According to the League Manager’s Association, there is an endemic problem in British football. Arsene Wenger is the only long-serving manager left in the Premier League, after 20 years, more than 16 years longer than second place, Eddie Howe of Bournemouth. Watford have had five managers in the last 18 months alone, and Manchester United have struggled to hold down a head coach since the reign of Sir Alex Ferguson ended. Jose Mourinho has never been a long-term option for any club, and I don't suppose that United will be any different.
- Student Views
May 31, 2016
I was fortunate enough to recently experience Simon Schama deliver a series of talks for the TORCH project at the University of Oxford. In his customary charismatic style, expounded with much chutzpah, he took in everything from Herodotus to hip-hop. It was also fascinating to see him engage in a roundtable discussion with respected historians Craig Clunas and Margaret MacMillan.
Across these events, Schama touched upon a number of pertinent themes that deeply resonated with me. He laments what he terms “the return of atavism.” He detects it in Donald Trump, elements of the Brexit campaign, as well as the rise of ideological extremism across the Middle East and Europe. He remarks that this was something he could never have predicted in the 1960s when he was a student at Cambridge during the height of the Cold War.
Schama’s historical understanding and Jewish sensibilities are keenly informed by an awareness of the fragility of open societies. He repeatedly referenced the late publishing giant Lord Weidenfeld, a pillar of the Anglo-Jewish community who had also sponsored the TORCH project. Weidenfeld was himself a refugee of a decaying liberal democracy crushed by the jackboot of totalitarian darkness. Schama said it was as if Weidenfeld’s shadow towered over everything.
- Student Views
May 24, 2016
Today I voted in a university-wide referendum over whether our student union, CUSU, should remain affiliated to the National Union of Students. I’d been debating for weeks over what the right decision was, agreeing and disagreeing with people left, right and centre, and changing my mind about it every 48 hours. And this morning I held my breath, selected my choice from the drop-down menu and clicked ‘Vote’.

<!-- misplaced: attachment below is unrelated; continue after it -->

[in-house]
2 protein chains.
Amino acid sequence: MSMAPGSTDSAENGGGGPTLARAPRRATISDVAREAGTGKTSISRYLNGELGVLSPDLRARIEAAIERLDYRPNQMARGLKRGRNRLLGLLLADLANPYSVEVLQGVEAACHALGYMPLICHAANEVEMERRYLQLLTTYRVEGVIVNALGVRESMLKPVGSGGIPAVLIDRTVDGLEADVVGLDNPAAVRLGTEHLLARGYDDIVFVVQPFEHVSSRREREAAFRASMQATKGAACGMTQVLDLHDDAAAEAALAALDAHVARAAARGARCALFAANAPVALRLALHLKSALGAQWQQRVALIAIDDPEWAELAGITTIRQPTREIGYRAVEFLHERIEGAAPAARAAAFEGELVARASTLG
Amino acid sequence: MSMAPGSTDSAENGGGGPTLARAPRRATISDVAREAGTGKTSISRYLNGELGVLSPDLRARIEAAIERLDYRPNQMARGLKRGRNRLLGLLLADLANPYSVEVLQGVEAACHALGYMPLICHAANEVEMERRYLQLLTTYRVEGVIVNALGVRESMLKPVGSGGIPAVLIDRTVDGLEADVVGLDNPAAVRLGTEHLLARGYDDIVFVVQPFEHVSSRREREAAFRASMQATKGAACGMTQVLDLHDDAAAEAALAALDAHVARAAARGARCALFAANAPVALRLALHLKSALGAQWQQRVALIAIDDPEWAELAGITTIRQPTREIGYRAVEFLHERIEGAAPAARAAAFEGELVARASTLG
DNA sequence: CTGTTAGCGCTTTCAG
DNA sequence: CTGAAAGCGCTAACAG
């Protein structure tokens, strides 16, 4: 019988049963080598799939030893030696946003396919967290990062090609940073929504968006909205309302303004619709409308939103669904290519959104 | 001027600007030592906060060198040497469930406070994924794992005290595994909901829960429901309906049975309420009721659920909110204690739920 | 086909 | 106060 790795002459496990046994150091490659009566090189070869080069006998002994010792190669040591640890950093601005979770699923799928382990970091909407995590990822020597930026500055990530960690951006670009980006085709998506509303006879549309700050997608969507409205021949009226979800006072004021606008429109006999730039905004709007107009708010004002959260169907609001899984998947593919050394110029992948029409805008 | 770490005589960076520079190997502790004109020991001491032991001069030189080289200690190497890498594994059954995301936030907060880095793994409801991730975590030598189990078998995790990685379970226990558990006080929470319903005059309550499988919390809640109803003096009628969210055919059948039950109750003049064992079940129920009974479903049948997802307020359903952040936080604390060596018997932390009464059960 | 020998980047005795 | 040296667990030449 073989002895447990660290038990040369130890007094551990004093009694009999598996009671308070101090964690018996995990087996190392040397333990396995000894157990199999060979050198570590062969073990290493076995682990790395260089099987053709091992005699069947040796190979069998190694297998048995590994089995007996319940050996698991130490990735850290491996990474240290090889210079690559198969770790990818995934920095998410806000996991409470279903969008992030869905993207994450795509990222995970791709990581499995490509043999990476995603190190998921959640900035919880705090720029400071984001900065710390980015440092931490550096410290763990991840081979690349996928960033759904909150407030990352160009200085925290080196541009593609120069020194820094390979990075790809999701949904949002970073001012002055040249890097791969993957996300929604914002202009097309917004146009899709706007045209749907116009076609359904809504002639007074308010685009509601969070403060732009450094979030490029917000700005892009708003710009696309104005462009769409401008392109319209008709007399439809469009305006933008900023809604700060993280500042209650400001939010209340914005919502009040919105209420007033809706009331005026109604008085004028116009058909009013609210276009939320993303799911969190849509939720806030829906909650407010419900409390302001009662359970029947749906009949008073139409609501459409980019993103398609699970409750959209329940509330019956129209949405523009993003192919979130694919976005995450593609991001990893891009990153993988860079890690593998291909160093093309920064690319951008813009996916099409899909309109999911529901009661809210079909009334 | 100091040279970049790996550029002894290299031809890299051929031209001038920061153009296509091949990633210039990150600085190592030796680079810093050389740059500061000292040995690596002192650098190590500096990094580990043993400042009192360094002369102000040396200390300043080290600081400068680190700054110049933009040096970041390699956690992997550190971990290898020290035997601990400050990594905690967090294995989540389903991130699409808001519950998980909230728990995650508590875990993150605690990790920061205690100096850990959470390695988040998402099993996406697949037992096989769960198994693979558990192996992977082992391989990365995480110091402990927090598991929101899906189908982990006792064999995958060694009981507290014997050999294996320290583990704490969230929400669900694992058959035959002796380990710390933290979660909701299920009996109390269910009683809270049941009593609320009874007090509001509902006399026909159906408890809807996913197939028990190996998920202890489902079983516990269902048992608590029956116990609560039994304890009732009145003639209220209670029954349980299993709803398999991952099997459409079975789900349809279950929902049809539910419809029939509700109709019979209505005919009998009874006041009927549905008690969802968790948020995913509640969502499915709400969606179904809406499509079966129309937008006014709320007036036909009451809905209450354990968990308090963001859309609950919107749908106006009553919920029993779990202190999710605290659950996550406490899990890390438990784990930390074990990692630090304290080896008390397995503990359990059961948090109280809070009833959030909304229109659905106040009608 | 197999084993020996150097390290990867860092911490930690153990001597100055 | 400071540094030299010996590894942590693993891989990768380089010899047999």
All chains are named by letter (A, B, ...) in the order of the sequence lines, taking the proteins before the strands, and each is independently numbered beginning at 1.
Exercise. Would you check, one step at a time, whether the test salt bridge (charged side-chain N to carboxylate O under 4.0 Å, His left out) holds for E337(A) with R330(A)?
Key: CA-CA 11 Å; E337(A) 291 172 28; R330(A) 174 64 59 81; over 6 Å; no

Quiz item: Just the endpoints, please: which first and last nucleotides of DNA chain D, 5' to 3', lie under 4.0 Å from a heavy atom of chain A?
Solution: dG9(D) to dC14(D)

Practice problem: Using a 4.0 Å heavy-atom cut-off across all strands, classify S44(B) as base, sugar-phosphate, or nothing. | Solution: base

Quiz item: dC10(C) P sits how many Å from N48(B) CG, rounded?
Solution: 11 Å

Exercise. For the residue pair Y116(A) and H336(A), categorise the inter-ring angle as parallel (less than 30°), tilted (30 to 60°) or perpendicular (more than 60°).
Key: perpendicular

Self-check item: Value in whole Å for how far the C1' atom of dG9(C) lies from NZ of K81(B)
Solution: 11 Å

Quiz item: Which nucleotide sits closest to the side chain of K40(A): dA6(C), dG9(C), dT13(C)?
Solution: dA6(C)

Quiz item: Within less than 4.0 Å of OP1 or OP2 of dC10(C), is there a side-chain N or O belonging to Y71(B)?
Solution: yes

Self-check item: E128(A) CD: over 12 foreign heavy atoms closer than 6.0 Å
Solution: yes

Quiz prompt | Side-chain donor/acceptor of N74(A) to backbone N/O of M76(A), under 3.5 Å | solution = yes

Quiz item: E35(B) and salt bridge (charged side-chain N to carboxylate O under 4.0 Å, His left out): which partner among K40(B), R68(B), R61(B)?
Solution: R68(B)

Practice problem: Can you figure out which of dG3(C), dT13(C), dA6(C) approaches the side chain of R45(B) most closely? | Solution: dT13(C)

And then I thought to myself, am I going to share my decision online? Am I going to tweet about this, citing the articles which convinced me, and encouraging others to vote the same way as I did? During the London mayoral elections a couple of weeks ago, I shared my support for Sadiq Khan all over my social media accounts and tweeted congratulations to him when his victory was announced. Last year, I resolutely supported Labour through their entire campaign and shared angry anti-Tory articles in the aftermath of the election. I’ve never before been afraid or embarrassed to share my political views; I completely understand why some people don’t and I’d never harass anyone to tell me which way they voted, but I’m just not fussed about what people think of my political choices. I’d rather make my voice heard and try to persuade people to agree with me than keep schtum.
But something held me back from wanting to let everyone know about my choice over NUS affiliation. It’s not to do with whether or not I’ve made the right choice – believe me, I’ve wondered regularly whether or not the Labour Party deserves my membership and my vote. Nor do I think it’s to do with my relationships with people on either side of the campaign, either those whose politics I usually support but cannot condone in the context of the NUS, or those whose ideology is so far from mine and yet seems so right (or, at least, reasonable) at a time like this. As I said before, I’m not fussed about what people think of my politics, and I’m more than happy to disagree with friends and agree with…well, others.
I think what’s holding me back from wanting to share my decision is the fact that it’s a decision linked so fundamentally to my Judaism. When I vote Labour, I’ve always been able to detach my choice from that part of myself; or, even, recognise how my Judaism commands me to support socialist policies. My Judaism has never come between me and my automatic preference, and I’d go so far as to say that it’s informed and strengthened it.